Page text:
According to Denis Mitchell, a civil engineering professor at McGill University, the concrete was so deteriorated at the point of the collapse that only 20% of the concrete retained its structural integrity. Mitchell said the overpass should have been closed immediately upon discovery of the cracks, and argued the correct placement of additional steel "stirrup" bars would have slowed or even stopped the cracks.

The MTQ completed the new De la Concorde and De Blois overpasses on June 13, 2007. In October 2007, a commission led by former Parti Québécois (PQ) Premier and Cabinet member Pierre Marc Johnson found no single person or entity responsible for the collapse. However, the Johnson Commission report criticized the MTQ for lackluster inspection procedures and repeated violations of the province's inspection protocols. Going even further back, the commission blamed the province for cutting corners on road building as it expanded social spending in the 1960's and 1970's. The collapse was an important catalyst for provincial leaders to undertake a C$30 billion, five-year effort to repair roads, replace bridges, and rehabilitate other municipal infrastructure.

This 2008 photo shows the Papineau Autoroute (A-19) at the Papineau-Leblanc Bridge looking south toward Montreal. When it opened in 1970, the Papineau-Leblanc Bridge across the Rivieres-des-Prairies was the longest cable-stay bridge in the world. (Photo by Scott Steeves,

EXTENSION NORTH TO A-640 IS IN THE WORKS: On May 31, 2007, the MTQ approved a comprehensive study of the QC 335 corridor from the current end of A-19 in Laval north to A-640 in Bois-des-Fillons. The province acquired the A-19 right-of-way along the current QC 335 (Papineau Avenue) between 1968 and 1973, but work ceased on the A-19 extension when the PQ government imposed a moratorium on new autoroute construction in the late 1970's.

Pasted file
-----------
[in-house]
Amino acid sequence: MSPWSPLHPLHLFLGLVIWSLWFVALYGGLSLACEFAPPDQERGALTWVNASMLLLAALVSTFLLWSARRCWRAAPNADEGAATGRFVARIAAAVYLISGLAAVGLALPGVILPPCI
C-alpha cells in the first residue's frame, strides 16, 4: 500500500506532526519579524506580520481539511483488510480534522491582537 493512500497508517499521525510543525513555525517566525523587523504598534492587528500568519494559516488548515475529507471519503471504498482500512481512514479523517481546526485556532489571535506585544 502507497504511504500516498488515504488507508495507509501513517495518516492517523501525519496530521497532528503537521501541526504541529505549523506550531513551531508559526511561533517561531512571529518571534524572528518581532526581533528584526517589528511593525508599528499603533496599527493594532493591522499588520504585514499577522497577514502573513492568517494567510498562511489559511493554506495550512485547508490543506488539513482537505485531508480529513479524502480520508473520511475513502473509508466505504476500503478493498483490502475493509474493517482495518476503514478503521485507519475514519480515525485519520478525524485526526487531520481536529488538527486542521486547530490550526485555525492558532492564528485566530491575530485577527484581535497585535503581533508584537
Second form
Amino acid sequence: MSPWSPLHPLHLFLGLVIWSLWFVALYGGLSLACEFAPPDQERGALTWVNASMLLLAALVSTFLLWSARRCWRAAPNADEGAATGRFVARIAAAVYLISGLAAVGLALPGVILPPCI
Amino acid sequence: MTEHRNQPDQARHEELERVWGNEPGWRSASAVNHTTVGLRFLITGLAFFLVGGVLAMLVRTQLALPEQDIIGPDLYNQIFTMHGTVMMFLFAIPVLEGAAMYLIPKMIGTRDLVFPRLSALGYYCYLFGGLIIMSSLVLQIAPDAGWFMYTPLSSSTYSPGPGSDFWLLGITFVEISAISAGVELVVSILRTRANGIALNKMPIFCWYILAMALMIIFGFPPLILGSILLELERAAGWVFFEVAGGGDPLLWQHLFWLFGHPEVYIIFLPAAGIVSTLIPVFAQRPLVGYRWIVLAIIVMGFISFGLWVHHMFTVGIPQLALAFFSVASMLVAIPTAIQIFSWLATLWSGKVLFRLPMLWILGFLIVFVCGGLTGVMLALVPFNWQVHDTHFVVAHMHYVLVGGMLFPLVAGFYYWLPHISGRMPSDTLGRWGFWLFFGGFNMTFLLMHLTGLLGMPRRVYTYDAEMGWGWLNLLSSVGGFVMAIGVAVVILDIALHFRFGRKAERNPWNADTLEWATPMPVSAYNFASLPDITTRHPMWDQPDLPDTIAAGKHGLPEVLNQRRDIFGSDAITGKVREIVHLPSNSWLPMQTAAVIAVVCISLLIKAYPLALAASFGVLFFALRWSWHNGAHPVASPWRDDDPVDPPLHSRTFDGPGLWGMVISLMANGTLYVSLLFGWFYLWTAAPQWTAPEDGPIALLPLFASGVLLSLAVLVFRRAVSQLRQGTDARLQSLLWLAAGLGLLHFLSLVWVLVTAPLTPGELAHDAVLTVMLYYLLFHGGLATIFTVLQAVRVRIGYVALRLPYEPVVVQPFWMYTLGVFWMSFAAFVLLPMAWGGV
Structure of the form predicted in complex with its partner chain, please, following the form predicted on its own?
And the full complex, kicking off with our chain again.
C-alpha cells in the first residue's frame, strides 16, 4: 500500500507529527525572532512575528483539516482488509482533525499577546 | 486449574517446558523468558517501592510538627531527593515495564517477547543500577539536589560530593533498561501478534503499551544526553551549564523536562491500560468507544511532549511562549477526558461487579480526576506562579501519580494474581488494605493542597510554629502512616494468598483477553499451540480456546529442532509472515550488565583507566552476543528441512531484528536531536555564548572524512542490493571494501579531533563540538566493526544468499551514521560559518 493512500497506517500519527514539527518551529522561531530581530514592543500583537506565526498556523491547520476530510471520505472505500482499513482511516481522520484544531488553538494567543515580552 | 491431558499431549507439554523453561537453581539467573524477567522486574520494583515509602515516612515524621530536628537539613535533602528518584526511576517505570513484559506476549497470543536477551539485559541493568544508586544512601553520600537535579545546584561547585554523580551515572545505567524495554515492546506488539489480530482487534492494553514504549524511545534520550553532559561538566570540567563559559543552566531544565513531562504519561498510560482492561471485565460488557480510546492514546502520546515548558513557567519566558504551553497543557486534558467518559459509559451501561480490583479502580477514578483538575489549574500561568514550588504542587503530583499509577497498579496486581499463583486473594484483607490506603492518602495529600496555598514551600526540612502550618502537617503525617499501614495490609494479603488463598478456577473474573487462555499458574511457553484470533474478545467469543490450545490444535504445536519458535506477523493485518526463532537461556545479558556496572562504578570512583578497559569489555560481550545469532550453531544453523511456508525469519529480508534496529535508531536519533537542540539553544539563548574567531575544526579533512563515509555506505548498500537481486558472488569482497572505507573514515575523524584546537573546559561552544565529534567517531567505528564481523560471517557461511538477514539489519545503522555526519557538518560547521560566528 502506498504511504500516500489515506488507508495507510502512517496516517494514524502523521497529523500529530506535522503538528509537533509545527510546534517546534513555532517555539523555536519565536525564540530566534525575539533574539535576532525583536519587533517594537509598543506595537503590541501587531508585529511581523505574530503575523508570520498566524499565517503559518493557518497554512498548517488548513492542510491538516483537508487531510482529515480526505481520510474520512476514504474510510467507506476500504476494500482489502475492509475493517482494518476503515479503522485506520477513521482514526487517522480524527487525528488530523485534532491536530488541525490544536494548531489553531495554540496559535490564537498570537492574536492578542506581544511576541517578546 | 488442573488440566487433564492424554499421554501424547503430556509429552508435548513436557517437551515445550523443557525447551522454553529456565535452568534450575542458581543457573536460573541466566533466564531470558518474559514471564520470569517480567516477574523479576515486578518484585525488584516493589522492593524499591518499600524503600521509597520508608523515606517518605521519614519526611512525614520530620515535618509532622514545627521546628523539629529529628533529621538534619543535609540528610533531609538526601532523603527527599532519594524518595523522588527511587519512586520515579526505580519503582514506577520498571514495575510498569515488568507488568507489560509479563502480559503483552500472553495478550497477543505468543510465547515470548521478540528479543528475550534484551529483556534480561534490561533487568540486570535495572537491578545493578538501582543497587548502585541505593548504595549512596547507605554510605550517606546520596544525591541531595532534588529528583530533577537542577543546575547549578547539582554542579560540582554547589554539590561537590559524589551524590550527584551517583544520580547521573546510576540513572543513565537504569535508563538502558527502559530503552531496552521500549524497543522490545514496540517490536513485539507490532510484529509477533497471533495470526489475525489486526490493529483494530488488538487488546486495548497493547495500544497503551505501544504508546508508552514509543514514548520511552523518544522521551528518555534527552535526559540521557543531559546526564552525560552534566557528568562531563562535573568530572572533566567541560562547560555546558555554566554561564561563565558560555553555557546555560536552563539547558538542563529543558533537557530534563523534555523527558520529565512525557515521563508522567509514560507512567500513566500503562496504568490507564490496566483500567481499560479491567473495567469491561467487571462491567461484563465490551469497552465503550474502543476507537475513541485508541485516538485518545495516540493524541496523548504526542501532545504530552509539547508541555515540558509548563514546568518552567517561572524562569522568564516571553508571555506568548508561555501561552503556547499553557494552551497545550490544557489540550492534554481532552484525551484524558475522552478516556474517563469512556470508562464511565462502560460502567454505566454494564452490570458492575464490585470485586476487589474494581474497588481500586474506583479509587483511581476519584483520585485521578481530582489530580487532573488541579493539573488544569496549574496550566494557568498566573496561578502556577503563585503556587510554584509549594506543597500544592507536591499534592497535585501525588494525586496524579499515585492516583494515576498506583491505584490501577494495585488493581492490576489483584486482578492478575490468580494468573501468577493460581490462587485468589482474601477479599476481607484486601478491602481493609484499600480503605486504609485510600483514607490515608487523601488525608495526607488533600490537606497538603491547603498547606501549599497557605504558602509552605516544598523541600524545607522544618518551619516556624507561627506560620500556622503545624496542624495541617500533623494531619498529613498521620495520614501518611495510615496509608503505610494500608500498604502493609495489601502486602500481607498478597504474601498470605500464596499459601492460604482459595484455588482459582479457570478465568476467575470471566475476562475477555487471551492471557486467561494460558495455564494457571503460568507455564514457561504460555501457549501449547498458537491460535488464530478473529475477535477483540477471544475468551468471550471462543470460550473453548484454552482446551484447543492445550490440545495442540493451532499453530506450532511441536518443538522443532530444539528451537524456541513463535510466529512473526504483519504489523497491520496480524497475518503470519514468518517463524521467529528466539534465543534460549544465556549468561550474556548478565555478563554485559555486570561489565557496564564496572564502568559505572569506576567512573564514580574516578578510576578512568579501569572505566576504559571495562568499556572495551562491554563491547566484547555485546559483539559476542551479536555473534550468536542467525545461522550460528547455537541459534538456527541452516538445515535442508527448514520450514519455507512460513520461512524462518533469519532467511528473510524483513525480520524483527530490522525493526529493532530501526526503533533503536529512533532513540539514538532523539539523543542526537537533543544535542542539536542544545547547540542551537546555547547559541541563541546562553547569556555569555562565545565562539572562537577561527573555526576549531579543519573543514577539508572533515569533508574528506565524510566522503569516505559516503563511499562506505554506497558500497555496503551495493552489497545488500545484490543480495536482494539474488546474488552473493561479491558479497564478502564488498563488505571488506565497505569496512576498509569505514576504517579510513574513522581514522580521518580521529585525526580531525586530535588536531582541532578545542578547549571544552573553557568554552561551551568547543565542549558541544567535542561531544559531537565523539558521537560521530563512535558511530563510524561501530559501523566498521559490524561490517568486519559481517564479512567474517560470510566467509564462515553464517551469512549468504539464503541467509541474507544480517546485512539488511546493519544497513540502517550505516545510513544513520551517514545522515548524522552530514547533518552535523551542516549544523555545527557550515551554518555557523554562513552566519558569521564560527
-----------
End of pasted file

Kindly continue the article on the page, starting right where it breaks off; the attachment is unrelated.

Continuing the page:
Even as construction ceased (save for an expansion of the expansion of the Athanasse-David Bridge over Riviere des Milles-Iles in 2001), congestion continued to grow as Laval became more suburbanized in the past three decades. The two-lane QC 335 today carries approximately 57,000 vehicles per day, more than many suburban autoroutes. Local officials favor the A-19 extension because they say it would not only cut commute times, but also improve quality of life.

Interchanges are planned at the following locations:

EXIT 9: Dagenais Boulevard; Laval
EXIT 11: St.-Saens Street; Laval
EXIT 12: Boulevard des Mille-Iles; Laval
EXIT 13: QC 344 (Adolphe Chapleau Boulevard); Bois-des-Fillons